Monthly round up of pre-published historical fiction and 19th century non-fiction continues! Gleaning from insider information (a la professional journals of the library trade), I devised a list of new titles, many have not yet hit the shelves of the book seller’s. Now is your chance to pester your local librarian or book store employee to order these titles. All terse summaries are verbatim from their sources. At this point, I cannot with any authority recommend one book over the other, but I will certainly tell you which ones I am most eager to read! Your July selections are . . .
As I pour over tomes and professional literature on the public relations, marketing and advertising industry, I am discovering new names for old concepts. The definition of public relations is the creating, elevating and protecting a reputation. In Modern parlance we refer to such professional as a Publicist. The Victorian era called them Mothers.
A Publicist is a strategist; always out to conquer the end game. A Victorian Mother of comfortable means employed the exact same skills. Depending on your perception, she used her children as pawns or had their best interest at heart. “The best” meant financial status; such status ensuring privileges and opportunity. If the children were happy, that was just a bonus. Opportunity begets opportunity, after all. The end game was financial wealth whether by marriage or honest toil (although this last point is a bit subjective). Appearance, dress, education, etiquette, the right parties, their social circle, and the acquisition of status symbols all lead to wealth if a Mother played her cards correctly.
Some Moderns view this as devious social climbing and putting on airs. Others continue to play the game like a chess board; considering they are giving their children the best opportunity to get ahead in life. Which again, is synonymous with wealth. In contrast to the stereotypical calculating Victorian Mother, Moderns place more emphasis on the children’s mental well being. The Victorians are not depicted as being so sentimental. Both then and now, girls bare the burnt of these manipulations but male children are not spared the influences of power hungry parents bent on bragging rights (or simply “providing them opportunities.”) These children perpetuated the Family Publicist ideal, instructing their own children in the art, with noticeable differences that pervade each generation. They all wanted to protect the reputation of the family name and image. Some call it shallow, others deem it necessary; regardless, the skills and the parental teaching there of, have diminished greatly in present day.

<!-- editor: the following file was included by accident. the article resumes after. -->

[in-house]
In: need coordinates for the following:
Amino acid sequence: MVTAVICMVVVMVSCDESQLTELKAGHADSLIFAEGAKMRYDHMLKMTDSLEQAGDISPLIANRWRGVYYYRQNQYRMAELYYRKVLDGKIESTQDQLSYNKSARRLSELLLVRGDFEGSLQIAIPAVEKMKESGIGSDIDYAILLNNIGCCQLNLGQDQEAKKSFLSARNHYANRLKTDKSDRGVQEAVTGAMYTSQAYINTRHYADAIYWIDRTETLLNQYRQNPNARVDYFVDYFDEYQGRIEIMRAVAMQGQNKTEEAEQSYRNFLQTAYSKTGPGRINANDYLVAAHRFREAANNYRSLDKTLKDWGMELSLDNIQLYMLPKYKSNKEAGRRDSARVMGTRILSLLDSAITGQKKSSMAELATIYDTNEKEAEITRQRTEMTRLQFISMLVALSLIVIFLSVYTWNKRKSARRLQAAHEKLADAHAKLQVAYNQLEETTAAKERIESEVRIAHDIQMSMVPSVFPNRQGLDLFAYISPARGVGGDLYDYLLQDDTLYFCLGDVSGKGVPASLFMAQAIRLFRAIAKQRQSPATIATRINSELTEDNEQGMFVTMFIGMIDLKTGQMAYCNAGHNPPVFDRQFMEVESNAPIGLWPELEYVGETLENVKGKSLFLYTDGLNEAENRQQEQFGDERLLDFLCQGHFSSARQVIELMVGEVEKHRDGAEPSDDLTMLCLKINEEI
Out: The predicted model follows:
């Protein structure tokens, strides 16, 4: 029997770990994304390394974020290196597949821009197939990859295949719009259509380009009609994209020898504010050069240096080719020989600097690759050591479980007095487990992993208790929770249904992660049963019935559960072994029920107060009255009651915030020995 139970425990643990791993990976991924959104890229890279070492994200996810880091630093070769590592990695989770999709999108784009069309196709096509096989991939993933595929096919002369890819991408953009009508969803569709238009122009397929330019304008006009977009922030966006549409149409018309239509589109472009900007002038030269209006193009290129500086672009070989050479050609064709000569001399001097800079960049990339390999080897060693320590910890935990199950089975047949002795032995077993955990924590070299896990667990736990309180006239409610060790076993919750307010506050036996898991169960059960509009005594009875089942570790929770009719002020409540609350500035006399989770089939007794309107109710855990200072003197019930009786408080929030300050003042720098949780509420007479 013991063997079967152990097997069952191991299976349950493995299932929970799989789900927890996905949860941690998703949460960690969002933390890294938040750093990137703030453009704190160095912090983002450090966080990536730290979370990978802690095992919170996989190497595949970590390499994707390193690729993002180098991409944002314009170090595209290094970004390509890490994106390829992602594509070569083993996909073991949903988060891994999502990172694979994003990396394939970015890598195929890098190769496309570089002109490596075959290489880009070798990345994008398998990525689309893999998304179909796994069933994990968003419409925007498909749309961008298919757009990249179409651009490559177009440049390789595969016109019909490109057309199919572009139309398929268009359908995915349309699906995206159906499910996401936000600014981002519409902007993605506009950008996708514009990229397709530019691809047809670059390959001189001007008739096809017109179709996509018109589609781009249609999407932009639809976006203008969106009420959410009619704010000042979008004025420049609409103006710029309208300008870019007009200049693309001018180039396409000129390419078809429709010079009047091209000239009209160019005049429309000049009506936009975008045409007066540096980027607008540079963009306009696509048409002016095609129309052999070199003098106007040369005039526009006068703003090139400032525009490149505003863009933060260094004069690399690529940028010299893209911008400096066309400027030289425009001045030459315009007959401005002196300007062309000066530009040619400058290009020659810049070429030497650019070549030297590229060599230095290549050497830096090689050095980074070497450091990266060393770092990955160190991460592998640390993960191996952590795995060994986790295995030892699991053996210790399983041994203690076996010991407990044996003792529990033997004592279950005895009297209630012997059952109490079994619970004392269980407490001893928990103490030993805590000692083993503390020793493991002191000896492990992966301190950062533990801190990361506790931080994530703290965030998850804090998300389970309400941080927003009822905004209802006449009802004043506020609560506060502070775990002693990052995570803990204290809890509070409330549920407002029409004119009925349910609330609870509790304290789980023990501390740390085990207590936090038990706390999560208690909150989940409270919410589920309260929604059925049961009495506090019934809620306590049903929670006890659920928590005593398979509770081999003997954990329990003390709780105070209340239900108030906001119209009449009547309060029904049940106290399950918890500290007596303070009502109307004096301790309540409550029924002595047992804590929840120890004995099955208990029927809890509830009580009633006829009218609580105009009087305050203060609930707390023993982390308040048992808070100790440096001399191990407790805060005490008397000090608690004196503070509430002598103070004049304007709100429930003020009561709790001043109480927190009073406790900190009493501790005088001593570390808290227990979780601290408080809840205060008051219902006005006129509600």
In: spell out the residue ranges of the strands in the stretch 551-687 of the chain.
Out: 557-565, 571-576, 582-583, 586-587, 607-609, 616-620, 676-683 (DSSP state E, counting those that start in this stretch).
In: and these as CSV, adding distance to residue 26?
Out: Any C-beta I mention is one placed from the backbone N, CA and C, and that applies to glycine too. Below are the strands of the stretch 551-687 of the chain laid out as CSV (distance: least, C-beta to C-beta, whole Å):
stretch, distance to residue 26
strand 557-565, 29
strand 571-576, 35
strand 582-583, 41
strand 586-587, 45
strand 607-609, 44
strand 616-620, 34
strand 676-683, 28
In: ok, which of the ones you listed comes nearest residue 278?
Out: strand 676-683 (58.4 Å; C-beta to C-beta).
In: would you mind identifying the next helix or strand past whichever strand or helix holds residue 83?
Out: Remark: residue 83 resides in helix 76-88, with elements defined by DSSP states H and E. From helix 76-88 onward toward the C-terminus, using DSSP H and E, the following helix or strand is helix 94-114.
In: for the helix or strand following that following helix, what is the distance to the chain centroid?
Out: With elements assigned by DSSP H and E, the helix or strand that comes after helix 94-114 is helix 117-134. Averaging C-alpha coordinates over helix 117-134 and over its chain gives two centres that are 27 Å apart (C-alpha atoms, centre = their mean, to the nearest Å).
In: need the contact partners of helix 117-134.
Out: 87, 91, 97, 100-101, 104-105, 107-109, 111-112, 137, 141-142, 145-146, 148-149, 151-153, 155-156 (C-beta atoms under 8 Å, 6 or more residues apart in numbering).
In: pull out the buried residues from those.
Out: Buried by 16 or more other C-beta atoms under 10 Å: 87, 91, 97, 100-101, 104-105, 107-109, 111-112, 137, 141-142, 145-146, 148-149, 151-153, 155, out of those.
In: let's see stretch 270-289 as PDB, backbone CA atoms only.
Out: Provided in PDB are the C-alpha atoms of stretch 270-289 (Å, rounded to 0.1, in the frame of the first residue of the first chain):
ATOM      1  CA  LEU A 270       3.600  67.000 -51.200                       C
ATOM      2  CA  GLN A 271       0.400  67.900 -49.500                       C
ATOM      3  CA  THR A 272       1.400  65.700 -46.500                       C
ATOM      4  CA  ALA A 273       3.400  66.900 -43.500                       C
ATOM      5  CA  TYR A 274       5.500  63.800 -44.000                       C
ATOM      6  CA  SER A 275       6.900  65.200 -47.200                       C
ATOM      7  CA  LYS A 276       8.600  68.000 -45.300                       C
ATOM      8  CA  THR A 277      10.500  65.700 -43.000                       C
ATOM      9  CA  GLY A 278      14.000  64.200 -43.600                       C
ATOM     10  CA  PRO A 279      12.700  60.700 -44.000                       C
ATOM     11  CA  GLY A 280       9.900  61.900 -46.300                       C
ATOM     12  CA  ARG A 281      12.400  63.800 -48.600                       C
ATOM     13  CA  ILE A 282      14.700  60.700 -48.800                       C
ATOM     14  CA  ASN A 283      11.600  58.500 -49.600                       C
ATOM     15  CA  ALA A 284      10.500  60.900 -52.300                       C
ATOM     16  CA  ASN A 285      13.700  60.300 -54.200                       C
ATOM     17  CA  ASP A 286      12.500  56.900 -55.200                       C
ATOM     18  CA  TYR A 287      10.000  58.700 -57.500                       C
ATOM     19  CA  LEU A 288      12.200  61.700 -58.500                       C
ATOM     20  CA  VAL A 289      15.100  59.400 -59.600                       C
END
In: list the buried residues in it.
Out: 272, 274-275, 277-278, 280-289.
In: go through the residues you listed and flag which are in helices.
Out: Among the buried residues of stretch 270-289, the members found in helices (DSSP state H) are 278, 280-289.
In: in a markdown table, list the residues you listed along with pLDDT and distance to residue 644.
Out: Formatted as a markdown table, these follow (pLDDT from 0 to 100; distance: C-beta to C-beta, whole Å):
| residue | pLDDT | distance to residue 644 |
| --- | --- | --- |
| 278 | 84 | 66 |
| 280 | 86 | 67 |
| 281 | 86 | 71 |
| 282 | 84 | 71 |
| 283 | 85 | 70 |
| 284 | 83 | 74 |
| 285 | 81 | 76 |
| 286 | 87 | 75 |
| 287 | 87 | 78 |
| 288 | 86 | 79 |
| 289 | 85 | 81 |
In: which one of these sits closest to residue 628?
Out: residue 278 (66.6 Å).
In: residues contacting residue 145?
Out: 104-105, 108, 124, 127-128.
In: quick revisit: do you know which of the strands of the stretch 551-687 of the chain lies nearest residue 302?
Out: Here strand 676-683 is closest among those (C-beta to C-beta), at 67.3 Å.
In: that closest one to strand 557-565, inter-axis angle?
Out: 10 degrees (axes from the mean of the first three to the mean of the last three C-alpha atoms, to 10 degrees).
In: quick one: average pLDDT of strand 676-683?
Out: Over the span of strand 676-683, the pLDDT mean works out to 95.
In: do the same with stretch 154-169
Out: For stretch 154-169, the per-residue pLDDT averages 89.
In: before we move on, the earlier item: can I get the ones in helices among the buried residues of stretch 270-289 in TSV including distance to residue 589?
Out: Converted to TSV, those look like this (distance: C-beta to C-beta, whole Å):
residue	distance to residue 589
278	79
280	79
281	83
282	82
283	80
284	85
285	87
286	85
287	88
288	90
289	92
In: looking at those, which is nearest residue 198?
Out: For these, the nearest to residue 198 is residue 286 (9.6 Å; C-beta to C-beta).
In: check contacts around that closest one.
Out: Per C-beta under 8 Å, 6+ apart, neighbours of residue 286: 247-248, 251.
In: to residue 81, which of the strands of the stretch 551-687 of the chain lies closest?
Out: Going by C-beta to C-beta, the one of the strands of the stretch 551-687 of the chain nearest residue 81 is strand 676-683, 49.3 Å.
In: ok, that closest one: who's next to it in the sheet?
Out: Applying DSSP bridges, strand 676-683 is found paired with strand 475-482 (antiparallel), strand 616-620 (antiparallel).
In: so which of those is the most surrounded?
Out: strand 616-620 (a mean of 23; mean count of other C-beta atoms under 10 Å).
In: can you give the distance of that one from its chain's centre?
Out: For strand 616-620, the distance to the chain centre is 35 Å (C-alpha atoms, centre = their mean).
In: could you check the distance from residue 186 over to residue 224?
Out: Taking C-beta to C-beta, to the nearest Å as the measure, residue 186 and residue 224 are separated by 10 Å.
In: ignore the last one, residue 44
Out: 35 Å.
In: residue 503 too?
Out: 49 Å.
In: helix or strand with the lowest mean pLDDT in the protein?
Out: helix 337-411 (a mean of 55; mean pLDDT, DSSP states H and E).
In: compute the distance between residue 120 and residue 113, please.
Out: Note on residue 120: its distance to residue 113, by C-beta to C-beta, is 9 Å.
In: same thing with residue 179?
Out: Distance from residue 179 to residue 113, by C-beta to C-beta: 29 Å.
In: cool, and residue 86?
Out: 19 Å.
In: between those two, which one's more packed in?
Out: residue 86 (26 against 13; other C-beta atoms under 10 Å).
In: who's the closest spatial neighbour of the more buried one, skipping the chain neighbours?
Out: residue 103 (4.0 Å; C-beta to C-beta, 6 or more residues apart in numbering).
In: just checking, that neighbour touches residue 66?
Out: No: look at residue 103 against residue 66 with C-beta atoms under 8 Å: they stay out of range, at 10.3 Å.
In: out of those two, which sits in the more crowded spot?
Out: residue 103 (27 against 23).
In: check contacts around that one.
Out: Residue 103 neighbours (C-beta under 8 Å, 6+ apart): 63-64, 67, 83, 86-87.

What do you think? Is Personal Branding any different? What would Mrs. Astor or Mrs. Vanderbilt do?
It is the first of the week, when our heads are muddled from the excursions of the weekend and the realization, we must once again be responsible adults. Hence, I thought a succinct post would best fit for this day.
The above photograph depicts the 1911 visage of a one, Mr. Bobby Leach who survived a plunge over Niagara Falls in a home-made steel barrel. Ten and four years latter in New Zealand, he slipped on an orange peal while ambling around and died.
Recall how I mentioned my interest in changing my occupation? This entails a move out of my current location. As a methodical person, *cough*cough*Type A* cough*cough* I systematically looked at the states near the Mississippi River and North of the Mason-Dixon Line, with the exception of North Carolina as potential places to settle down. I choose states with historic character in a climate that My Suitor could also comfortably reside. My first draft of the list included 23 states! Goodness!!! That is practically half of the country! It is one thing to cast a wide net in such matters, but it is quite another to flail about without direction. So I inspected my choices a bit closer. Which ones do I really desire to live in, the best for my future job, and also with good football prospects for My Suitor’s consideration? I narrowed the list down to 10 (which one “non-football” state, because I could not simply bear to leave it off the list).
My Top Ten in alphabetical order, like I do:
- New York
- North Carolina
- Rhode Island
After making this declaration, later that day I stumbled upon an annual list provided by This Old House with assistance from PreservationDirectory featuring the best historic neighborhoods in North America (so Canadian towns are included). It is fate, I am sure of it! They look for timeless neighborhoods with high quality constructed historic homes, an active preservation movement at affordable prices. Many are beautiful quaint towns within proximity to larger cities. The organizations surveyed historic societies, neighborhood organizations and non-profit preservation organizations to compile their list. So with my dual dream of living in an authentic Victorian home and working for a historical society, this list not only provides me with houses to fawn over, but a jumping off point to apply for employment! How marvelous is that?! As a future Historical Society employee, these are also wonderfully resources publications to be acquainted with.
Is your city on one of their lists? Tell me about it!
Victorian’s Secret is THE destination for chic Victorian woman’s lingerie! Oh, we Moderns certain make fun of the past and their silly fashion styles, but some things are Classics and deserve to stay. Here are some of the sultry women in corsets and underpinnings in the Pre-Angelic Era . . . sounds down right scandalous, does it not?!